Finishing - Brown Paper Bag After Dye?

Wood turners often use a piece of brown paper bag as a final fine abbrassive before a final finish is applied.
I'm mentoring a newbie furniture maker who is doing a 30" wide by 20" deep by 95" tall linen cabinet with raised panel doors and side panels as well - out of BORG poplar. The intent is to use TransTint "reddish brown" dye - in alcohol and probably wipe on poly as the finish.
Now the key to avoid Splotchies is to seal the end grain coming up out of the face of parts with something, in this case shellac I've mixed up from flakes (there's something about the ritual of grinding shellac flakes adding them to the alcohol and stirring - waiting - stirring and waiting - then the filtering of the wonderful elixir). Though alcohol doesn't raise the grain as much as water, it does raise the grain some.
That means - shellac - wait - sand - apply another coat of sealer - wait - sand finer, . . . The height of the grain which will stand up when the alcohol dissolved dye is added won't be much - but even some will mean more coats of finish later. So there's been a LOT of sanding
Now one of the problems with dyes is that sanding it isn't a good idea - especially if it's on an open grain wood. While poplar is not as open grained as oak or mahogany, it ain't maple.
So I'm wondering if a going over the dyed surfaces with brown paper bag paper will avoid getting fine sawdust in the grain that's tough to get out and cut down on the need for more coats of finish?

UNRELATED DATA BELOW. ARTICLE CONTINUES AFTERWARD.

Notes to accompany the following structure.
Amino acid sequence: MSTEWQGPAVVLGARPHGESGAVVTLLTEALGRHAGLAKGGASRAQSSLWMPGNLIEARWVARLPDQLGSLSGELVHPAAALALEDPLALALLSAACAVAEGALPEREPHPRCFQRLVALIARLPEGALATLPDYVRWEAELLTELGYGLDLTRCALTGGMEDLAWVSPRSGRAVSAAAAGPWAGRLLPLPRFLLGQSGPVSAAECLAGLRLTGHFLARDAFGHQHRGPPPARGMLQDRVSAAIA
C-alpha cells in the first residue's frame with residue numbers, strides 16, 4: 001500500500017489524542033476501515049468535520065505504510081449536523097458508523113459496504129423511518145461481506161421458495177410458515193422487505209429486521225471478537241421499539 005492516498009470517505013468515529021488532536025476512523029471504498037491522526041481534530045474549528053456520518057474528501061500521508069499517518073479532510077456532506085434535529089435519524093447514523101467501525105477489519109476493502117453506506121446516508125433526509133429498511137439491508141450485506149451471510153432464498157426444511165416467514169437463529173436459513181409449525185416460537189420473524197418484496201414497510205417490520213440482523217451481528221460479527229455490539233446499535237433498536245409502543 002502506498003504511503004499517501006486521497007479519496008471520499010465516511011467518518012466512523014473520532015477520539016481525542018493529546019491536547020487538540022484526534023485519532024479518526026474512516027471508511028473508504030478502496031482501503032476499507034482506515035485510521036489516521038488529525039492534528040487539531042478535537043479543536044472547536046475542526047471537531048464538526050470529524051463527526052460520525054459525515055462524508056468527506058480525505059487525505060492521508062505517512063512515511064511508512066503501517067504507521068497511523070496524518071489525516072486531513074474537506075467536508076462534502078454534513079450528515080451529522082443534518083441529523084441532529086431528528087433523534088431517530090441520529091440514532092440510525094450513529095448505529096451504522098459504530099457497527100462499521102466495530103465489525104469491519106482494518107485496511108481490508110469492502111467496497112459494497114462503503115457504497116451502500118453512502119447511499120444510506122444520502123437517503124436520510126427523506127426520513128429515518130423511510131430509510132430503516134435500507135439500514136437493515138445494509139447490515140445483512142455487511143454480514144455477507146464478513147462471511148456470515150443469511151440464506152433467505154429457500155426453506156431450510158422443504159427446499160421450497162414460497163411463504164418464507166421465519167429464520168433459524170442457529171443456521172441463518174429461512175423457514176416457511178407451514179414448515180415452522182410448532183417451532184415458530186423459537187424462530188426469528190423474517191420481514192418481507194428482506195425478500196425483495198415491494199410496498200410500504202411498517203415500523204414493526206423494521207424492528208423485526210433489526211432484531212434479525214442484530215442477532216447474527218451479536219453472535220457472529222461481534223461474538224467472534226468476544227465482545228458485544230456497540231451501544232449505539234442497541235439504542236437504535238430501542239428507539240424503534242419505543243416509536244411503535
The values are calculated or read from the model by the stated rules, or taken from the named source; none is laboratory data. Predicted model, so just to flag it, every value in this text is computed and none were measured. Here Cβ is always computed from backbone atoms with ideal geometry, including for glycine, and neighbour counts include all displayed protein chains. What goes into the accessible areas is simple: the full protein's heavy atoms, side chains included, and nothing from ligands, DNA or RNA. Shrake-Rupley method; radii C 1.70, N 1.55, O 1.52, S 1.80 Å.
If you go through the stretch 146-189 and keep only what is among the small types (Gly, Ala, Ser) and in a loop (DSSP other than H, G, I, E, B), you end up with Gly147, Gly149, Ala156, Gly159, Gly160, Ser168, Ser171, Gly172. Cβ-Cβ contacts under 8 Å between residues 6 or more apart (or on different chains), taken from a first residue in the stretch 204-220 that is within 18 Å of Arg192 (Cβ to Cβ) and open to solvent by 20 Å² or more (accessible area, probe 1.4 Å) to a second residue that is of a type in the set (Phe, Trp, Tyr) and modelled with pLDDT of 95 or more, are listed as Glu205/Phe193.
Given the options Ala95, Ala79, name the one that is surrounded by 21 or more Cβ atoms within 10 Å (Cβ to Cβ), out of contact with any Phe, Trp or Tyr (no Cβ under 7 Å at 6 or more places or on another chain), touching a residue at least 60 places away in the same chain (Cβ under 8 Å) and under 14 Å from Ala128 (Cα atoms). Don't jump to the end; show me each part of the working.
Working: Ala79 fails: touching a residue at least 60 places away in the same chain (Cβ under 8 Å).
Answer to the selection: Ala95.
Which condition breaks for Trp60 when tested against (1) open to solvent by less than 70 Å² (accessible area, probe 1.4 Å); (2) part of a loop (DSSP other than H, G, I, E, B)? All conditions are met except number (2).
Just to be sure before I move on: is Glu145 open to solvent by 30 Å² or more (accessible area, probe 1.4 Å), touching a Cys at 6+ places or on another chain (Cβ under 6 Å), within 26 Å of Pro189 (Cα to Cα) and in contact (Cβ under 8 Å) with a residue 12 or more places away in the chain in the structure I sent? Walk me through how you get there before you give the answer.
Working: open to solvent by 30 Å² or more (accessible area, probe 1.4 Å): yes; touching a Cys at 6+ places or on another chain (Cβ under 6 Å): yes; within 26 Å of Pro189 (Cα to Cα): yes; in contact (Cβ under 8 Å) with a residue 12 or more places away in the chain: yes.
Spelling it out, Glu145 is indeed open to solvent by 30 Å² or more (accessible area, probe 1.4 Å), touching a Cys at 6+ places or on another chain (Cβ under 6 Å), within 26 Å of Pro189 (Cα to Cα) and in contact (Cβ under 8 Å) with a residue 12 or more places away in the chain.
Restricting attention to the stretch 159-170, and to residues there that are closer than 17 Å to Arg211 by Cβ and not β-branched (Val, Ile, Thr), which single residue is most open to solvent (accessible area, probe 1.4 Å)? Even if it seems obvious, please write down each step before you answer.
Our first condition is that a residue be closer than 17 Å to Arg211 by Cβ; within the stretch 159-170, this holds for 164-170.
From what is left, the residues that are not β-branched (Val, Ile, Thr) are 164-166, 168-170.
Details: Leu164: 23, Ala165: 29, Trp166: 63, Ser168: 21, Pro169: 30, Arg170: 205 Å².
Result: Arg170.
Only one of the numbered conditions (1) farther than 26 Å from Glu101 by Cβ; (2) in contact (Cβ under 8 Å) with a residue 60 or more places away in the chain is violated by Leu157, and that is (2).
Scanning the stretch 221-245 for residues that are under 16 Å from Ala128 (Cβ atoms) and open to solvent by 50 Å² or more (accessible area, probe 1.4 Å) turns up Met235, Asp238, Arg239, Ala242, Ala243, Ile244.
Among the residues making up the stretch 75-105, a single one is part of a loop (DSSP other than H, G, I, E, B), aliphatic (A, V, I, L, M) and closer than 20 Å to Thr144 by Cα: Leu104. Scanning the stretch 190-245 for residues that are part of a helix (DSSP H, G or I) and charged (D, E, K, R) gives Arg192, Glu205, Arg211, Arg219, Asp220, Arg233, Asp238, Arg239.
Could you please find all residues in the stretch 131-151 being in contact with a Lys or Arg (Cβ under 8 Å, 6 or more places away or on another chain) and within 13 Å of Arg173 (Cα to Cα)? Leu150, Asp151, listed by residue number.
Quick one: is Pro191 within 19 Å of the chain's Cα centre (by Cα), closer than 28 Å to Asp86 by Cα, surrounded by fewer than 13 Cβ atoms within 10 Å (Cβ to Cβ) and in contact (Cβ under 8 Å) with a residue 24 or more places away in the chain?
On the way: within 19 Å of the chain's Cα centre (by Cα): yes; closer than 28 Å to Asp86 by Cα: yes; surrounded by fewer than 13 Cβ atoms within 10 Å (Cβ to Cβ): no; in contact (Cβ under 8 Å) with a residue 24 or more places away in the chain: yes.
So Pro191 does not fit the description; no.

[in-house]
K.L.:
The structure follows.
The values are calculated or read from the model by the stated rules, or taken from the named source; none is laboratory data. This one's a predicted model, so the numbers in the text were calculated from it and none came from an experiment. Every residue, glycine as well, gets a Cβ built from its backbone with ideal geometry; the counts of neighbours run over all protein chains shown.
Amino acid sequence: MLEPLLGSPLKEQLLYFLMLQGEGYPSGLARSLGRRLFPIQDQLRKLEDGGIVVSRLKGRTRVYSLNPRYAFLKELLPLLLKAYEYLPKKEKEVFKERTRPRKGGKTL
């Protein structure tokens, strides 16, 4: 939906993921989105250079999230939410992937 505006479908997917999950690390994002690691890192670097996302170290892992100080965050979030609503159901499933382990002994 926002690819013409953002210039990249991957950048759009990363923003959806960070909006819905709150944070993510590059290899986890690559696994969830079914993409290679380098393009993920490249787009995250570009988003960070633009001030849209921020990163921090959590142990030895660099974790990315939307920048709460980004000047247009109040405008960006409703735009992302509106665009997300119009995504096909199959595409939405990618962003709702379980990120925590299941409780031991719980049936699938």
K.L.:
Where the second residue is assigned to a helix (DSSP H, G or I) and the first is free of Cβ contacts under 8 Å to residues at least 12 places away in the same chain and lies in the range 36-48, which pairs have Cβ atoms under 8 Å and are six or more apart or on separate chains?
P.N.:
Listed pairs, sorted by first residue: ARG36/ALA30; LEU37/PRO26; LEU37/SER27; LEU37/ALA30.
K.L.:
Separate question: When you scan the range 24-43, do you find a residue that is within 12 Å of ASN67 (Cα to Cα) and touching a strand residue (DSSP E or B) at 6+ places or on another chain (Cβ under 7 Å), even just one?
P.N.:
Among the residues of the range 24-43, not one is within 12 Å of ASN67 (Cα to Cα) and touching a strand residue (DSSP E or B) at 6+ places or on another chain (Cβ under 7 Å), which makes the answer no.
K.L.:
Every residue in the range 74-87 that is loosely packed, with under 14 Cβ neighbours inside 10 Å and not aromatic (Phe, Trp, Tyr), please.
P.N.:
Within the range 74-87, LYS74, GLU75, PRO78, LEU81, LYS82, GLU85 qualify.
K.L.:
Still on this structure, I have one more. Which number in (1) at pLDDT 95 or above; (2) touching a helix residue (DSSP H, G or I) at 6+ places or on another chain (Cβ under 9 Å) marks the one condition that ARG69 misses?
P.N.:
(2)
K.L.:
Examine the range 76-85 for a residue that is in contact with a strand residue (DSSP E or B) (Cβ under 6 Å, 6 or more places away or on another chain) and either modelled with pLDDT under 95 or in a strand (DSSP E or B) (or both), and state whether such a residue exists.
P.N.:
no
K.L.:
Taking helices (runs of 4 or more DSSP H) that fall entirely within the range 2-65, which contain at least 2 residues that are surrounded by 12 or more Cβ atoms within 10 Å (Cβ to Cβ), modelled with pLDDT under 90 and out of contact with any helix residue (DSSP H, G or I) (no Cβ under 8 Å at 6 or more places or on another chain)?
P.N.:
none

Anyone tried it for this application?
charlie b
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SNIP of explanation

charlie, I do a lot of finishing. Here's my take on this, and you can take it for exactly what it cost you! ;^)
I don't like Transtint. It fades and can fade fast. I don't understand why that is, but I know light is its enemy. I have talked to enough furniture refinishers and makers to know that won't be my way. A large cabinet or table is bound to be in some kind of light in its life.
I use Behlen's Solar Lux and love it. I have not had anything I have used it on fade. That being said, I have my own method of application.
I spray it. I use a tiny 1mm cap (nozzle/needle if high pressure) and I cut it with 50 - 75% solution with anhydrous alcohol and mist it on the project. No shellac needed as a base coat, no problems with over absorbtion as there is a thin even coat of dye going on the surface. It could try to pull more in, but there isn't a rag or brush to act as a reservoir to pull the additional dye into the rougher or more porous grain.
I spray a classic classic 2 coat crossing pattern to make sure I get a good even coat. You only need to wait 20 minutes before you are ready to go again.
Then I spray the finish on. I have done this with lacquer many, many times (the results are phenomenal) and under polyurethane as well.
As always, just my 0.02.
Robert
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On Tue, 30 Sep 2008 21:00:23 -0700, charlieb wrote:

Charlie, what I usually do is raise the grain with water and sand. Then I apply 2 or 3 thin coats of 2 lb cut dewaxed shellac with a pad. Then I mix the dye with the shellac and apply one or two coats. After that I go back and apply several more clear coats, somewhere between 4 and 8 depending on how energetic I feel. I let that sit for at least a week, two is better, and wet sand lightly, using mineral spirits with 1500 grit paper. Then, while it's still wet, I give it a couple of swipes with 0000 steel wool.
Not all that different than what you described except for the extra coats after the dye.
So far I haven't noticed any fading, but most of my stuff is small boxes and the like which don't see a lot of direct sunshine.
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